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Intellectual Property and Technology
University of Mississippi School of Law
Myers, Gary

Intellectual Property Outline
Professor Gary Myers
 
 
I.                   Intellectual Property Overview – Path of Analysis for every topic in I.P.
A)    Validity
B)    Ownership
C)    Infringement
D)    Defenses
E)     Remedies
 
II.                Intellectual Property History:
 
A)    I.P. Clause of the Constitution (Article I, § 8)
1.      Congress has the power to promote Science (knowledge and information) and the Useful Arts (technology and inventions) by securing to authors (science) and inventors (useful arts), for a limited time, exclusive rights to their respective writings and discoveries
2.      Policy Underlying – Utilitarian idea of general progress of knowledge
B)    Power to grant trademarks comes from the Commerce Clause (NOT the I.P. Clause, generally for patents & copyrights) b/c protection of trademarks is grounded in notions of fair competition, trade, and commerce.
 
III.             Policy Underlying I.P. Protection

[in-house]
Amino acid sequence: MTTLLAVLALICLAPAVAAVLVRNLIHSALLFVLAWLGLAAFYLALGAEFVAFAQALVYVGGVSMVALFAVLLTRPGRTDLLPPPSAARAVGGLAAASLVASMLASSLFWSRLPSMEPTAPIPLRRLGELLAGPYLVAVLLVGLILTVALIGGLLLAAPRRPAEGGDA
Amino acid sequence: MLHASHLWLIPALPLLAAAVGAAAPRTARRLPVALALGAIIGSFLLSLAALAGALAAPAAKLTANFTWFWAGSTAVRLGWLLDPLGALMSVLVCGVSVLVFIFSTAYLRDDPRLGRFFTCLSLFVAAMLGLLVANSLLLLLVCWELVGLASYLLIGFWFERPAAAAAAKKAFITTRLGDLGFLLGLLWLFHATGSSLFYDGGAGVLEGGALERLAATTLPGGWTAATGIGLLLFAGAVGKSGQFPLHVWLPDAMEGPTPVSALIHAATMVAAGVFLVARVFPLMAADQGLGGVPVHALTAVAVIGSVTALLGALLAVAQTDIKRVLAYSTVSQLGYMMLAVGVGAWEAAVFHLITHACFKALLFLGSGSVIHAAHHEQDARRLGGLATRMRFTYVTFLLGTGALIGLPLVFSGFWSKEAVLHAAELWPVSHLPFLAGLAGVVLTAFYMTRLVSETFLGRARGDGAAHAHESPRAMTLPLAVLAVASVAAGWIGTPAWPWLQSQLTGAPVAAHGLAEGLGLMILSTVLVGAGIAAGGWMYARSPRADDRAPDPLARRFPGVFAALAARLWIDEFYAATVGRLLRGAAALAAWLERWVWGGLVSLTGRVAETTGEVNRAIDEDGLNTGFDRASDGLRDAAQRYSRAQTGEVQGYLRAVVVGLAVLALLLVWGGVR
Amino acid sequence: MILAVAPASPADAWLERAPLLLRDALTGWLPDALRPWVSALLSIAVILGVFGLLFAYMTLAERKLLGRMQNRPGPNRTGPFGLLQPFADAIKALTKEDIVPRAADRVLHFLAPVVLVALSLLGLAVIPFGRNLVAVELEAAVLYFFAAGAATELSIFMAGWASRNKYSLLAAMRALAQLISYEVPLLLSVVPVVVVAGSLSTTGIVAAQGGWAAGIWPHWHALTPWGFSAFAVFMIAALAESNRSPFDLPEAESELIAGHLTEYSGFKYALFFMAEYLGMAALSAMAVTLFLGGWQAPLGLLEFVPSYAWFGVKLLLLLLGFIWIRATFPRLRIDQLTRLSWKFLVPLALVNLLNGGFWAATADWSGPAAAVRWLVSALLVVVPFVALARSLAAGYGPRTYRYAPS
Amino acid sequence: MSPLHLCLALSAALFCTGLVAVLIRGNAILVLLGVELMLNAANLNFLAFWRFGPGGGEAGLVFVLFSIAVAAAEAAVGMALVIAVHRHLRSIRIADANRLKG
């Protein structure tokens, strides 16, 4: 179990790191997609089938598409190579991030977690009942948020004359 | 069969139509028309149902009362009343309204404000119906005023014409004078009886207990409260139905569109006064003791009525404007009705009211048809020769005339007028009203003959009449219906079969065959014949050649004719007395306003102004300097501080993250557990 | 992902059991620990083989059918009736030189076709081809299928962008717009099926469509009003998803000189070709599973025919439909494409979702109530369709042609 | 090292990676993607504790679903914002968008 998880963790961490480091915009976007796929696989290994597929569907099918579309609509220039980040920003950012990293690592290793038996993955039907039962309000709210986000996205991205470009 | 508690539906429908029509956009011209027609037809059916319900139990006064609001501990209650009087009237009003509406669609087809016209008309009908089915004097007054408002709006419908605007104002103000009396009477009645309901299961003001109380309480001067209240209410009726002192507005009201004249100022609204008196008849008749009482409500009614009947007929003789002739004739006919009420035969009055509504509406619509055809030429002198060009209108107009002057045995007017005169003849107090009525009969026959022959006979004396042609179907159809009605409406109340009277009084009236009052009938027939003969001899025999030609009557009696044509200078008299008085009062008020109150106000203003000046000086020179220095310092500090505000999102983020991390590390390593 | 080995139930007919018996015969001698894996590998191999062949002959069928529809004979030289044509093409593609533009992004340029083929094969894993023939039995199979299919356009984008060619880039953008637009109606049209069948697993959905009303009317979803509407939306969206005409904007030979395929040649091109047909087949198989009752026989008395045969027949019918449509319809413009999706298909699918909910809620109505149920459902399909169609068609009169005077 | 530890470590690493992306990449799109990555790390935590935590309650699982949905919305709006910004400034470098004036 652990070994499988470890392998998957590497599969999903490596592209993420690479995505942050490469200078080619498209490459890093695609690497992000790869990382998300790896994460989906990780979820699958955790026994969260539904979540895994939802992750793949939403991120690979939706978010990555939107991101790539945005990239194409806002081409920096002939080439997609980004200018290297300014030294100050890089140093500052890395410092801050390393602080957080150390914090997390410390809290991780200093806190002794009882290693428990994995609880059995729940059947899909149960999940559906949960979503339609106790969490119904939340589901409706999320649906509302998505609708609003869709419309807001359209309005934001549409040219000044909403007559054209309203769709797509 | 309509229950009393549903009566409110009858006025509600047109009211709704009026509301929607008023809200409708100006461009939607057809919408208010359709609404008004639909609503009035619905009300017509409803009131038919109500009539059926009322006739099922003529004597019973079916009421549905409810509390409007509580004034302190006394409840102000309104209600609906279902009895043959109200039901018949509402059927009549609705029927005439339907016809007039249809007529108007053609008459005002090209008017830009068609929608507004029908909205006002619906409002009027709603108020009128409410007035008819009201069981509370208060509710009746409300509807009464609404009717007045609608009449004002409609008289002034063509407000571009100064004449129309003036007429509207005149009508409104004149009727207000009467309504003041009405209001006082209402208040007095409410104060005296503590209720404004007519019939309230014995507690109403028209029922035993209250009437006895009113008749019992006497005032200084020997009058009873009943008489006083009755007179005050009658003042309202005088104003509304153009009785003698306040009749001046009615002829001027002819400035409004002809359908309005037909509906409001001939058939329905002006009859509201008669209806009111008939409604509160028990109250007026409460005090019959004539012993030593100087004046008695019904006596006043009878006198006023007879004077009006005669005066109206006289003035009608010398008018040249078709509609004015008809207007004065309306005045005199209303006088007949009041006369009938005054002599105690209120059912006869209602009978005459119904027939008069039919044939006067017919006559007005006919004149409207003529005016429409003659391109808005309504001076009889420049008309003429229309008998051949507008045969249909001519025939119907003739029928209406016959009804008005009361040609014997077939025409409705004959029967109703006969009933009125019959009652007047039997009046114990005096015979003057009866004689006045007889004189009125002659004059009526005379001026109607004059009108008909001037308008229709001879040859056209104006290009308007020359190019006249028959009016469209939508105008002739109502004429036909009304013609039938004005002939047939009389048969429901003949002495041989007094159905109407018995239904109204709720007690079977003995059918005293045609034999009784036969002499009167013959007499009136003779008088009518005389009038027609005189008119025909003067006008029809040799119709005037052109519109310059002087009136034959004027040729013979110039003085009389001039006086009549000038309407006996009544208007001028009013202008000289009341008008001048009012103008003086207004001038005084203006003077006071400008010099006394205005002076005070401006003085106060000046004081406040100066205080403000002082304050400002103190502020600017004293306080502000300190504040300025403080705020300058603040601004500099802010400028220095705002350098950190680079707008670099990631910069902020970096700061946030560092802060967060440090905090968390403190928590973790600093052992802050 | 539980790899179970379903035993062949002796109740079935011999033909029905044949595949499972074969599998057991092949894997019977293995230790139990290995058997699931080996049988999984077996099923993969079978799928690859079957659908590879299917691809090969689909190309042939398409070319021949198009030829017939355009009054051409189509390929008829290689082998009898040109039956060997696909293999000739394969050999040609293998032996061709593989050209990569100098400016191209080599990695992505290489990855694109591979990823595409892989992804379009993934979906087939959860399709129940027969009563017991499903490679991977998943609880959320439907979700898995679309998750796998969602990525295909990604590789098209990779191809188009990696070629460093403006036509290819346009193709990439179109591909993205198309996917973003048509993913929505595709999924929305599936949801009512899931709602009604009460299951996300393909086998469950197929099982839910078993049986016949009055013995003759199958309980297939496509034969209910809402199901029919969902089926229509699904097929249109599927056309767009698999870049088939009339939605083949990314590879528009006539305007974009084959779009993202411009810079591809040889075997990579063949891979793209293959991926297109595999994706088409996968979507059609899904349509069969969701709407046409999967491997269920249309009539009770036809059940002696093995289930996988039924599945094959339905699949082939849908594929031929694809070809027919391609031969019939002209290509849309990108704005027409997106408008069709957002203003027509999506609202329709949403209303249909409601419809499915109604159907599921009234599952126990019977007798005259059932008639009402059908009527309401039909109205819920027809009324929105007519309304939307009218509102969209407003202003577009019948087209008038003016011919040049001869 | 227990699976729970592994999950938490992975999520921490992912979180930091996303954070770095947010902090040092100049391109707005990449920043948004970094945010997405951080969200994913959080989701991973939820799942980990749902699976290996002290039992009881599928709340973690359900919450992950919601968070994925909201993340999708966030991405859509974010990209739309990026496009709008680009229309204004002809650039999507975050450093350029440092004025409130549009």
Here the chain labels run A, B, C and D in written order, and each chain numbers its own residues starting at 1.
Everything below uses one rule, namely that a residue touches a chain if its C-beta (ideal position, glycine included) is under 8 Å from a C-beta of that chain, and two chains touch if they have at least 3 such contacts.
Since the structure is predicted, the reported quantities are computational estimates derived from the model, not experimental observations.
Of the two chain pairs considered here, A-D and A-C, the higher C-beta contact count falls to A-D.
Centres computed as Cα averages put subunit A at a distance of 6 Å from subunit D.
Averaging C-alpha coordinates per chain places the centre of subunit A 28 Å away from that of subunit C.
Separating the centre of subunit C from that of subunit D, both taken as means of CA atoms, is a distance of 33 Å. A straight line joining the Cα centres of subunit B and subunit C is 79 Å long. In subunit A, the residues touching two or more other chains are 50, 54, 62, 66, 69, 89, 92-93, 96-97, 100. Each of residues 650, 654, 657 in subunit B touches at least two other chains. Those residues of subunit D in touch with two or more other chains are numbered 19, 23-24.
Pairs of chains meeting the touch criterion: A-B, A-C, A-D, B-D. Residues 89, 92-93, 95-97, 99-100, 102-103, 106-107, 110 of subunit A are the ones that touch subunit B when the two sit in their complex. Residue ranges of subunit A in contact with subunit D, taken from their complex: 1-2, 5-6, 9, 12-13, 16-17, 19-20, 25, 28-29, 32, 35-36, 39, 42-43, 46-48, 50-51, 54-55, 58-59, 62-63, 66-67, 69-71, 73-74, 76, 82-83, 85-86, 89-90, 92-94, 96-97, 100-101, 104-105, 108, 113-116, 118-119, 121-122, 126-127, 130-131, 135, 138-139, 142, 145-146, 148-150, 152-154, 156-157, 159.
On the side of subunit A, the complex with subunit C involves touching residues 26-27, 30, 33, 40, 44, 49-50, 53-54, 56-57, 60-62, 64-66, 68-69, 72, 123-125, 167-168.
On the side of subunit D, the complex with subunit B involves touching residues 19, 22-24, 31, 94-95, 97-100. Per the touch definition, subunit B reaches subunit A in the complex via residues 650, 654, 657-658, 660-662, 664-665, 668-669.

A)    Public Good Theory – Economic; market governs; based on the idea that, without I.P. protection, “authors” have little incentive to research and develop goods and services that can easily be imitated by others, with less expense incurred. (Think: Drug Industry)
1.      Crux – exclusive rights create an economic incentive to continue researching and developing new and better goods and services
2.      Protection is nonetheless limited because, once inventors and authors are compensated, competition is healthy, creating access by as many people as possible to the invention.
 
B)    Natural Rights Theory – based on the idea that everybody should be entitled to the fruits of their labor (beyond just economics); Emphasized in France and Europe; recognizes the moral rights of authors and inventors, however it does not derive any support from the U.S. Constitution (which is why America stresses the Public Good model)
1.      Implications –
a.       Public good theory will have less exclusive rights, that have a shorter duration; more restrictions on the rights of authors and inventors
b.

artisans would place their personal insignia on the goods they created; over time, the law began to recognize the value and good will consumers placed in such insignia
2.      There was a drive to prevent customer confusion and unjust enrichment associated with people other than the true author using such insignia
B)    Common Law Trademark Actions –
1.      Palming Off – you can sue someone for passing off or attempting to pass off upon the public the goods or services of another (focus is on preventing consumer confusion and unjust enrichment)
2.      Unfair Competition – refers to the RESULT; when a person is successfully palming off goods and thereby taking business and money away from the true author/inventor. Process for finding it: 
Consumers WOULD buy P’s product b/c of the good will associated with it . . .